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FDA’s Data Dashboard “Opens” Food Facility Doors to the Public

FDA’s Data Dashboard “Opens” Food Facility Doors to the Public

Under the Freedom of Information Act (FOIA), the public has a right to the records of many federal agencies, with few exceptions. Some of those records are fairly easy to access, such as FDA Warning Letters, for which the agency provides a searchable website. Other records are less accessible, requiring the submission of an FOIA request. Such was the case with food facility FDA inspection reports … until the 2021 publication of the FDA Data Dashboard. To increase public data access even further, in January 2022, FDA added 10 years of Reportable Food Registry (RFR) data to the interactive dashboard.

With the intent to “increase transparency and accountability by displaying and allowing the analysis of public FDA data through easy to use, visually accessible, customizable, and understandable graphics,” FDA has essentially opened the doors of food facilities to the public. No longer are non-compliances kept behind closed doors until or unless a warning letter is issued, or someone has some specific knowledge provoking an FOIA request. Now anyone, at any time, can open the dashboard and scroll through the lists of tables of Inspection Details and – even more specifically – Inspections Citations Details – including company name, inspection date(s), and both short and long descriptions of all citations. And all data is sortable, filterable, and downloadable.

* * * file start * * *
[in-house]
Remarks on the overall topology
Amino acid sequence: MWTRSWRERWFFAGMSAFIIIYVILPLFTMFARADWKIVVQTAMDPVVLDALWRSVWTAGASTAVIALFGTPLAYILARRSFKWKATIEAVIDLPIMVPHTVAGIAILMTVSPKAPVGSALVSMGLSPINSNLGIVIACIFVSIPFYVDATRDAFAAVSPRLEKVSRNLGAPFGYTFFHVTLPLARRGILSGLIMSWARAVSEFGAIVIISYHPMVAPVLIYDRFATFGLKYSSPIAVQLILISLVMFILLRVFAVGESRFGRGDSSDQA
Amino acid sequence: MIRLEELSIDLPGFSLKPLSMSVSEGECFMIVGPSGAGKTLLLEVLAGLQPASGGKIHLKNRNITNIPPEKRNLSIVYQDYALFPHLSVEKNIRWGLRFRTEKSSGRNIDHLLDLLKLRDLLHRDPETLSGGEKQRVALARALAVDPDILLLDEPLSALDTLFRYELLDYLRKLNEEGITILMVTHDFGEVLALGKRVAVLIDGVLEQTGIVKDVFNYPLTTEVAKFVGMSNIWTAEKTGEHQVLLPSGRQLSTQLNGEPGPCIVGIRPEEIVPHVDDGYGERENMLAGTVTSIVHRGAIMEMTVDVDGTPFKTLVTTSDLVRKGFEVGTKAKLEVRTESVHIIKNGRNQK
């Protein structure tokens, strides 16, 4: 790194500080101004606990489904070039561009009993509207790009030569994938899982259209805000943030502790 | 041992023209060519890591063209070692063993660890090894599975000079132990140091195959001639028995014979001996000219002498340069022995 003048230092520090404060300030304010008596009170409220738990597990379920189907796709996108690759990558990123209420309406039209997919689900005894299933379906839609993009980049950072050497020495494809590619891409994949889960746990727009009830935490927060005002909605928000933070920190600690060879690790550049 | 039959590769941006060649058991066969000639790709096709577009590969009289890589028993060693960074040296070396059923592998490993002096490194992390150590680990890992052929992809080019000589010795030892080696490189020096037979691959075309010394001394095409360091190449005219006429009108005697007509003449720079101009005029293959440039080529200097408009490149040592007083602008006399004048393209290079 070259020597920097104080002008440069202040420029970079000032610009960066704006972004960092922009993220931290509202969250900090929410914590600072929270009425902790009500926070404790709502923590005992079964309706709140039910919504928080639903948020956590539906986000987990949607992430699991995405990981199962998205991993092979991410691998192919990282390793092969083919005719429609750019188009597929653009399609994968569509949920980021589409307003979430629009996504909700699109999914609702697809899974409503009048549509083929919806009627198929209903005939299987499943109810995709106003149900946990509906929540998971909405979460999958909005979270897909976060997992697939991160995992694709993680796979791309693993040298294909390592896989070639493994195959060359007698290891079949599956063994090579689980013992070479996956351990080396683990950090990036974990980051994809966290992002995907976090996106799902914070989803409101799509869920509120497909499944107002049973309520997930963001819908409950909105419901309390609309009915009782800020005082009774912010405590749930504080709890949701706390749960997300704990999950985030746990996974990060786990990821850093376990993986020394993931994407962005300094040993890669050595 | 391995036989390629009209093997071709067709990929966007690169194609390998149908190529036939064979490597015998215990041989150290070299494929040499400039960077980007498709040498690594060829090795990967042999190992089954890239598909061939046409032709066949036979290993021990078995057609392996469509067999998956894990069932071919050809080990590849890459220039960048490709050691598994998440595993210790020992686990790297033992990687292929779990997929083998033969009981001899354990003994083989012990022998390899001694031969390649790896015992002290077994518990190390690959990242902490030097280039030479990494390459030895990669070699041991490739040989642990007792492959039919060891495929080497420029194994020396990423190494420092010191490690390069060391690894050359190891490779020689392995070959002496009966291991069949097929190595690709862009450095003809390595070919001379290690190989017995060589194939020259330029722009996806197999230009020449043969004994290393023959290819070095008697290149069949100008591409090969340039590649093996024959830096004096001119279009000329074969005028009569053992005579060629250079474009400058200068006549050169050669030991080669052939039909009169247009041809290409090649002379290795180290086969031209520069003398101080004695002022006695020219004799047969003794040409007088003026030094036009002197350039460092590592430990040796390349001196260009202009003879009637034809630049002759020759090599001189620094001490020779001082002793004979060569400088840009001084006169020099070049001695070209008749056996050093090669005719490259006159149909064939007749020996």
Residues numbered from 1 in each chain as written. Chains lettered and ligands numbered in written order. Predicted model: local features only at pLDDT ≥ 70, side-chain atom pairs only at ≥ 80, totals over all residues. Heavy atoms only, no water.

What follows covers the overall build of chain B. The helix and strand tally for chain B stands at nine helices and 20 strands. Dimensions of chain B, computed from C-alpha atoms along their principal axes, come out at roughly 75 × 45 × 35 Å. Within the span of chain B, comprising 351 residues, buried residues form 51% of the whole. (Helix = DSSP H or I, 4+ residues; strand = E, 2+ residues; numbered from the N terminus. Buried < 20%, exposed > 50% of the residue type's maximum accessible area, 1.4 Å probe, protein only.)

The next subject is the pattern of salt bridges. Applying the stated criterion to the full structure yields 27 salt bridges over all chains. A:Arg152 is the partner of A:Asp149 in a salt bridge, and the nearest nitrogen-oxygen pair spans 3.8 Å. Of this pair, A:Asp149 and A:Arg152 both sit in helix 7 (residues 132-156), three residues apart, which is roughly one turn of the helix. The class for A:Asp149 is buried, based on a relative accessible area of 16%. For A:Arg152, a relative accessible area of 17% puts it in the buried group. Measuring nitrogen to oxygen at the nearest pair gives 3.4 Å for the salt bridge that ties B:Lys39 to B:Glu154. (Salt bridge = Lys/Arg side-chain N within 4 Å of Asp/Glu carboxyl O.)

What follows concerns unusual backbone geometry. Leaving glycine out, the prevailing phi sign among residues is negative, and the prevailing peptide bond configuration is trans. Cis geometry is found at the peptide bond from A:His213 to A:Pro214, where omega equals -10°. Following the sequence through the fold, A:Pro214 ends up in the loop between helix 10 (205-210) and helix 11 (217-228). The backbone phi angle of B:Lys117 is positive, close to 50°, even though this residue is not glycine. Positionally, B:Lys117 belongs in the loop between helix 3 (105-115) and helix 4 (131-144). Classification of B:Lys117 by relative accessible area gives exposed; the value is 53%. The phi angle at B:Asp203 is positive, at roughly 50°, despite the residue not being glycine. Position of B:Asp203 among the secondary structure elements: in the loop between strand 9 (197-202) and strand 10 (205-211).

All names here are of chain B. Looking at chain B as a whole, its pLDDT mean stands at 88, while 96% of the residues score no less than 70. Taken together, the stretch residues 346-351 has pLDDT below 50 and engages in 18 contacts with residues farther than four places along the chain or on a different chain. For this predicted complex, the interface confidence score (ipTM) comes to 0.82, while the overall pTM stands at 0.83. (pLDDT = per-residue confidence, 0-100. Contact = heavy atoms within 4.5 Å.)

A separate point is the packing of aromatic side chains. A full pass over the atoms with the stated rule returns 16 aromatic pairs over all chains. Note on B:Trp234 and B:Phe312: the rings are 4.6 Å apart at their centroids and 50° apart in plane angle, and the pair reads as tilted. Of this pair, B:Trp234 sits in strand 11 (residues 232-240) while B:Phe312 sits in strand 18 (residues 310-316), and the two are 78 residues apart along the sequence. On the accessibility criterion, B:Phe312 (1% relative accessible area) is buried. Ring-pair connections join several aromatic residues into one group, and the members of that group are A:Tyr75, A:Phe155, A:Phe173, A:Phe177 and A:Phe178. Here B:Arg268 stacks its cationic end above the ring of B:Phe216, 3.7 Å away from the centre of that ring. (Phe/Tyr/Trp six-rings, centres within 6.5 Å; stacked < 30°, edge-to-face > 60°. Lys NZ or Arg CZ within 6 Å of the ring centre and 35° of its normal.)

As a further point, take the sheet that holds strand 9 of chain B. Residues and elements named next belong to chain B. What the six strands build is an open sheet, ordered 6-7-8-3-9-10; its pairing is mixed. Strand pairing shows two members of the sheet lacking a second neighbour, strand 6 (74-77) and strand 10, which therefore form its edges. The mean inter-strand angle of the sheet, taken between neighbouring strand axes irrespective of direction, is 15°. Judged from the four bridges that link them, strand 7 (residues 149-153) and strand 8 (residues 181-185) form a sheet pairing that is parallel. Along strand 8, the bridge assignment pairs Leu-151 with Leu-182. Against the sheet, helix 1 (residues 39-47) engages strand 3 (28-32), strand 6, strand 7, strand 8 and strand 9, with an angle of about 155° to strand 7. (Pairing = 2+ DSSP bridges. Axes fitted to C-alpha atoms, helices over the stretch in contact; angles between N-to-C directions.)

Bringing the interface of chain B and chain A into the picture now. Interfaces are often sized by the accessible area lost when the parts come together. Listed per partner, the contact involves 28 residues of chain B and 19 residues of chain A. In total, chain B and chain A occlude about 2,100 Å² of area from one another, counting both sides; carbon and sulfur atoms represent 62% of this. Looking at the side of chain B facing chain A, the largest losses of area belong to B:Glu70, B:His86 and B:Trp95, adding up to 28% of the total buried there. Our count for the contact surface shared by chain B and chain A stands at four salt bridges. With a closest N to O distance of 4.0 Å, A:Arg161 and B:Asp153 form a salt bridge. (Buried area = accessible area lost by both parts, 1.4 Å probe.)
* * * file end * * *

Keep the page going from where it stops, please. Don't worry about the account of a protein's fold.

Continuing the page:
In addition to the Inspections dashboard, the site includes separate dashboards for

  • Compliance Actions: Warning letters, injunctions and seizures by fiscal year, product type, etc.
  • Recalls: Recalls by fiscal year, classification, product type, status, etc.
  • Imports Summary: Imports summary data by fiscal year, import lines, product categories, countries, etc.
  • Import Refusals: Import refusals by fiscal year, product categories, country, divisions, etc.
  • Imports Entry: Imports entry data by fiscal year, country of origin, port of entry district, etc.

For the bigger picture, the dashboards include general industry graphs showing trends by recent years, then provide more specific lists with business names. While the bigger picture information provides an excellent source for industry trends, it is the individual tracking and public reporting of which food businesses need to be most cognizant – both the positive and negative aspects.

On the positive side, you can better protect your business through the ability to track issues with suppliers that previously may have been less visible – until a warning letter or import alert was issued. You also can see if there are pending issues in a particular industry segment earlier than in the past, enabling awareness of potential ingredient risks.

On the potentially negative side, any non-compliances found during an inspection of one of your facilities is now more easily accessible by the public, and more particularly, by the media. Whether it be a sanitation or pest issue; lack of a food safety plan or FSVP; or an import refusal, the data dashboard opens your doors and puts it out into the public domain – making food safety practices and regulatory compliance all the more critical not only for consumer protection but for that of your brand.

One of the best ways to guard against such issues is a thorough assessment of your facility, procedures, and documentation. Conducting mock inspections can also be very useful, as well as training focused on areas of need. While your internal, ongoing focus on all areas of food safety is essential (and, in many cases required by regulation), having an external assessment can provide a new set of eyes to identify areas that may be otherwise overlooked.

Don’t let “open doors” impact the perception of your brand. TAG food safety experts can help.

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